The fate of Lake Tahoe’s Cal Neva is still being determined
“Lady of the Lake” might have been the nickname Frank Sinatra gave North Lake Tahoe’s Cal Neva Lodge and Casino, but she has seen much better days.
Lake Tahoe’s Cal Neva Resort boasts stunning views as well as a rich history, but remains closed ever since the property owners began renovations and filed for bankruptcy in June 2016, before the work was completed.
Even with its troubled past and less-than-busy location, the aging, fenced-off Cal Neva remains of interest to community members, visitors, and even investors.
Oracle software co-founder Larry Ellison’s investment firm recently offered to purchase the property for $38 million, according to Pioneer Funding Group Portfolio Manager Adam Stein-Sapir, who has been following the case.
“You can feel good that he’s going to have the money. You don’t have to worry about him getting a mortgage or anything else,” he said.
Ellison’s investment firm, PA Hotel Holdings, purchased the Epiphany Hotel in downtown Palo Alto in 2015. He’s also no stranger to expensive real estate, having earned the title of “the nation’s most avid trophy-home buyer” from the Wall Street Journal for his past investments in Lake Tahoe and Malibu.
“But this offer is not the way things work in bankruptcy,” Stein-Sapir said. “When there’s a (bankruptcy code) 363 sale, it needs to be approved by the court, there needs to be a timeline … there’s a whole process that gets put into place.”
A plan to refinance the project with new money could emerge. It’s even possible that a deal emerges that would allow the original owners, Criswell-Radovan, retain some ownership.
“What’s happening here are some (of the parties involved) have each filed a proposal to come out of bankruptcy, and they each have different methods for how they’re going to do that,” he said.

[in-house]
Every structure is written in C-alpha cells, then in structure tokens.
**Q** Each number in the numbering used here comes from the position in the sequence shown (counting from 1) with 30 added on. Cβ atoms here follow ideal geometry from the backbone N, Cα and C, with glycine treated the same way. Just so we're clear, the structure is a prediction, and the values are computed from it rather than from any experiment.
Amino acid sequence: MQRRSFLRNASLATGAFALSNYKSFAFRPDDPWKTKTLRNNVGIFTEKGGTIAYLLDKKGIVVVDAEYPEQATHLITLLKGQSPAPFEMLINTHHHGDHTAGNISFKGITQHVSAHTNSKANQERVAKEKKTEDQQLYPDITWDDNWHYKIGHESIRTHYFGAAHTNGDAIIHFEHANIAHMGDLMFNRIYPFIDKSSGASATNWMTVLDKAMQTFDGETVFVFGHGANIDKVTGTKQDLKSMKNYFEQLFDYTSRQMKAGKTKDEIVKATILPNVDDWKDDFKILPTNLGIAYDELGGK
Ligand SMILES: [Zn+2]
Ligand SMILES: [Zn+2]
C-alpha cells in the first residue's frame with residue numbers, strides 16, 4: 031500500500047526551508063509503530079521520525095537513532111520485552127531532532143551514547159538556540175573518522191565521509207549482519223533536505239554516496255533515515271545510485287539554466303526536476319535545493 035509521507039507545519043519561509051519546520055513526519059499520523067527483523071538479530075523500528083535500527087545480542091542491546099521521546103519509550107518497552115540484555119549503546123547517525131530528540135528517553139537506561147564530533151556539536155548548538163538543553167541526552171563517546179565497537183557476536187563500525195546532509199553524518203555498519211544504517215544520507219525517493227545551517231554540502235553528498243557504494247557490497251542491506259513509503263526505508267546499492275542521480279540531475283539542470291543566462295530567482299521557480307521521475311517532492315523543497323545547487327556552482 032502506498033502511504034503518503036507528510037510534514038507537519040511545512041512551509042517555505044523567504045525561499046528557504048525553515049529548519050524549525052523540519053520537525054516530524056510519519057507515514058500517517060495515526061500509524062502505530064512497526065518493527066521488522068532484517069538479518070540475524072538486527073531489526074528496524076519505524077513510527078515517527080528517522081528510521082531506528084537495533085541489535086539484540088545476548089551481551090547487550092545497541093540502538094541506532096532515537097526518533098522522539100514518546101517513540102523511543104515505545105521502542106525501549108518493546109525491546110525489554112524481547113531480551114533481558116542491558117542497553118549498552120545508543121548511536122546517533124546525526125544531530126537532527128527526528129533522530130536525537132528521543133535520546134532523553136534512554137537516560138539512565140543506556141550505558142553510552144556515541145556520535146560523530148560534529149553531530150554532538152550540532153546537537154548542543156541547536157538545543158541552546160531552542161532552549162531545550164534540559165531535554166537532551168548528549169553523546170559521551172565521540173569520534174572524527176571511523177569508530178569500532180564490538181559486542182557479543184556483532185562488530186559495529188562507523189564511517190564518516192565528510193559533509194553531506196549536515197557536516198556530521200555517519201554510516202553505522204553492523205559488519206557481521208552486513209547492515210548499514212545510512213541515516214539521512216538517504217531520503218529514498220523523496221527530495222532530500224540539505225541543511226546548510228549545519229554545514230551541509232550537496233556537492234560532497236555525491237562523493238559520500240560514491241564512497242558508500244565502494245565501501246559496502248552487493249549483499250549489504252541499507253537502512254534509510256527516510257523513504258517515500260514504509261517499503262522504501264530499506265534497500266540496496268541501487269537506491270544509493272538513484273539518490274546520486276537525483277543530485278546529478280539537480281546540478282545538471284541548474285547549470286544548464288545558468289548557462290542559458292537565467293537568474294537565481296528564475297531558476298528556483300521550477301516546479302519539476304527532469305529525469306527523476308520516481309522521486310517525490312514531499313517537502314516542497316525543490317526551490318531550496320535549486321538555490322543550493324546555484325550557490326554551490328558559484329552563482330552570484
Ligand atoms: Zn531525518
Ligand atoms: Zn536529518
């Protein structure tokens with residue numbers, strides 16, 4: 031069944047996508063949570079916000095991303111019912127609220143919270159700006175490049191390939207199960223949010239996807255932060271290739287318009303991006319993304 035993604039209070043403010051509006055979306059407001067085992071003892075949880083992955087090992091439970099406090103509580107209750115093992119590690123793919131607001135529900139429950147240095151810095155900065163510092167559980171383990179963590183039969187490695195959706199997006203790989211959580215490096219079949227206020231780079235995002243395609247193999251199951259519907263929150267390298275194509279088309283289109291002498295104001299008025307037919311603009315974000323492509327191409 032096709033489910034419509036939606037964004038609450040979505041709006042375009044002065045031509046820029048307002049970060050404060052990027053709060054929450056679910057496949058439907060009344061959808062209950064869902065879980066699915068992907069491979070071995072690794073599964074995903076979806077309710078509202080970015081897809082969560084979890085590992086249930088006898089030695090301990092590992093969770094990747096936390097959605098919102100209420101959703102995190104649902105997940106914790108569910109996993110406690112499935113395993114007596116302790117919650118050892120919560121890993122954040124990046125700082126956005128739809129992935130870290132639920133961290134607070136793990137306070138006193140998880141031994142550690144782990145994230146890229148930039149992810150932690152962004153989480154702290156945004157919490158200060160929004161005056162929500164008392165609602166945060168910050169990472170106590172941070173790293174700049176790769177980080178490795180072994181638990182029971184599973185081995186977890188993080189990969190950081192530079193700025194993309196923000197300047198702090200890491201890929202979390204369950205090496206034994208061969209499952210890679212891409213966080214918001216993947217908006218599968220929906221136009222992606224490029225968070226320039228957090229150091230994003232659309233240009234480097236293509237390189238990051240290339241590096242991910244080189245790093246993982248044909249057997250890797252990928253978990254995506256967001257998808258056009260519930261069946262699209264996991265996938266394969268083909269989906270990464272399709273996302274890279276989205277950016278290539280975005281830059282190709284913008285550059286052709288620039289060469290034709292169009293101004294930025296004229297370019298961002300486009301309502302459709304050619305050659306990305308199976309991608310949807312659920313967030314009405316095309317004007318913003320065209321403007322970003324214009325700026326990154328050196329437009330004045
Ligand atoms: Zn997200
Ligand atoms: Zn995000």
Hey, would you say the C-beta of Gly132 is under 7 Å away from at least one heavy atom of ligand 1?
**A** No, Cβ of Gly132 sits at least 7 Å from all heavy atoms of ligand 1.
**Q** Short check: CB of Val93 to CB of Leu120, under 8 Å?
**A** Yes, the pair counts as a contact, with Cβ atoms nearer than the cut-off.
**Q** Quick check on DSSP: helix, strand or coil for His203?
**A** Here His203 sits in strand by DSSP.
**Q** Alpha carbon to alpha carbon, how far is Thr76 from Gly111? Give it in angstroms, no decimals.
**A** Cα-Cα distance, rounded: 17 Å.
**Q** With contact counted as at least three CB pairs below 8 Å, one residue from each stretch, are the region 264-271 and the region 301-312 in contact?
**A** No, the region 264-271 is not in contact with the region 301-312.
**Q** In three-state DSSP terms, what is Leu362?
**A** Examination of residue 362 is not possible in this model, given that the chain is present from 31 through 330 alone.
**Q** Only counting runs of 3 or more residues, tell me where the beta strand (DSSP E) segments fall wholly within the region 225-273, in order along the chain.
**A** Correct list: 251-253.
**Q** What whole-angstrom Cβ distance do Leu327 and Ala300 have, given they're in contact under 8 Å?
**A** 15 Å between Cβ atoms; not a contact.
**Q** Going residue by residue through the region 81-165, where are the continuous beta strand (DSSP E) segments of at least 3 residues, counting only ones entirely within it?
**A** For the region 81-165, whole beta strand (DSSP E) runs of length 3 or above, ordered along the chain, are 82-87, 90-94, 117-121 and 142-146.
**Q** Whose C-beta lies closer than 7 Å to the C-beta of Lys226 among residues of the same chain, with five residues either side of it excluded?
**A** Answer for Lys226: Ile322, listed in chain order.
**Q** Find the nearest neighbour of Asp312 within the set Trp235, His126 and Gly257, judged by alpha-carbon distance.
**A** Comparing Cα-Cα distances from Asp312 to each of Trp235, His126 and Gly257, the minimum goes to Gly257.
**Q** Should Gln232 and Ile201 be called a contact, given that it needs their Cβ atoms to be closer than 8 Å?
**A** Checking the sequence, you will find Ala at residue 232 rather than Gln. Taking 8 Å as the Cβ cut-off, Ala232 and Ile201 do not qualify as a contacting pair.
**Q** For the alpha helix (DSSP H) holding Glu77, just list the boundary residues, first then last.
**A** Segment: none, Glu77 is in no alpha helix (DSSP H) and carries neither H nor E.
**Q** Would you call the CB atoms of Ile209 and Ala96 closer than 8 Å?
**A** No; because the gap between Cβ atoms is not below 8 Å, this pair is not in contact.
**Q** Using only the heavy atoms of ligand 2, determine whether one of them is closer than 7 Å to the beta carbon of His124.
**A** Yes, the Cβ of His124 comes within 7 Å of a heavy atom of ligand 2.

Those plans are currently being reviewed in court, which is why the fate of the Cal Neva has yet to be determined.
Stein-Sapir said that if a plan isn’t agreed upon the judge could order a sale. In that case, he said the property is sold free and clear of all liens and the money is divided among the creditors.
“Generally, the value of a half-completed hotel doesn’t go up over time,” Stein-Sapir said. “It’s very expensive to be in bankruptcy, and you’ve got a business that every day its closed is losing money.”
He said that at this point, the judge needs to decide which plan, or plans, to move forward with, or if a sale is in order. But at this point there is no sale process in place.
“Everybody wants this to go through quickly,” he said.
Criswell-Radovan and their attorneys did not respond to requests for comment.
Amanda Rhoades is a news, environment and business reporter for the Sierra Sun. She can be reached at firstname.lastname@example.org or 530-550-2653. Follow her on Twitter, Facebook and Instagram @akrhoades.
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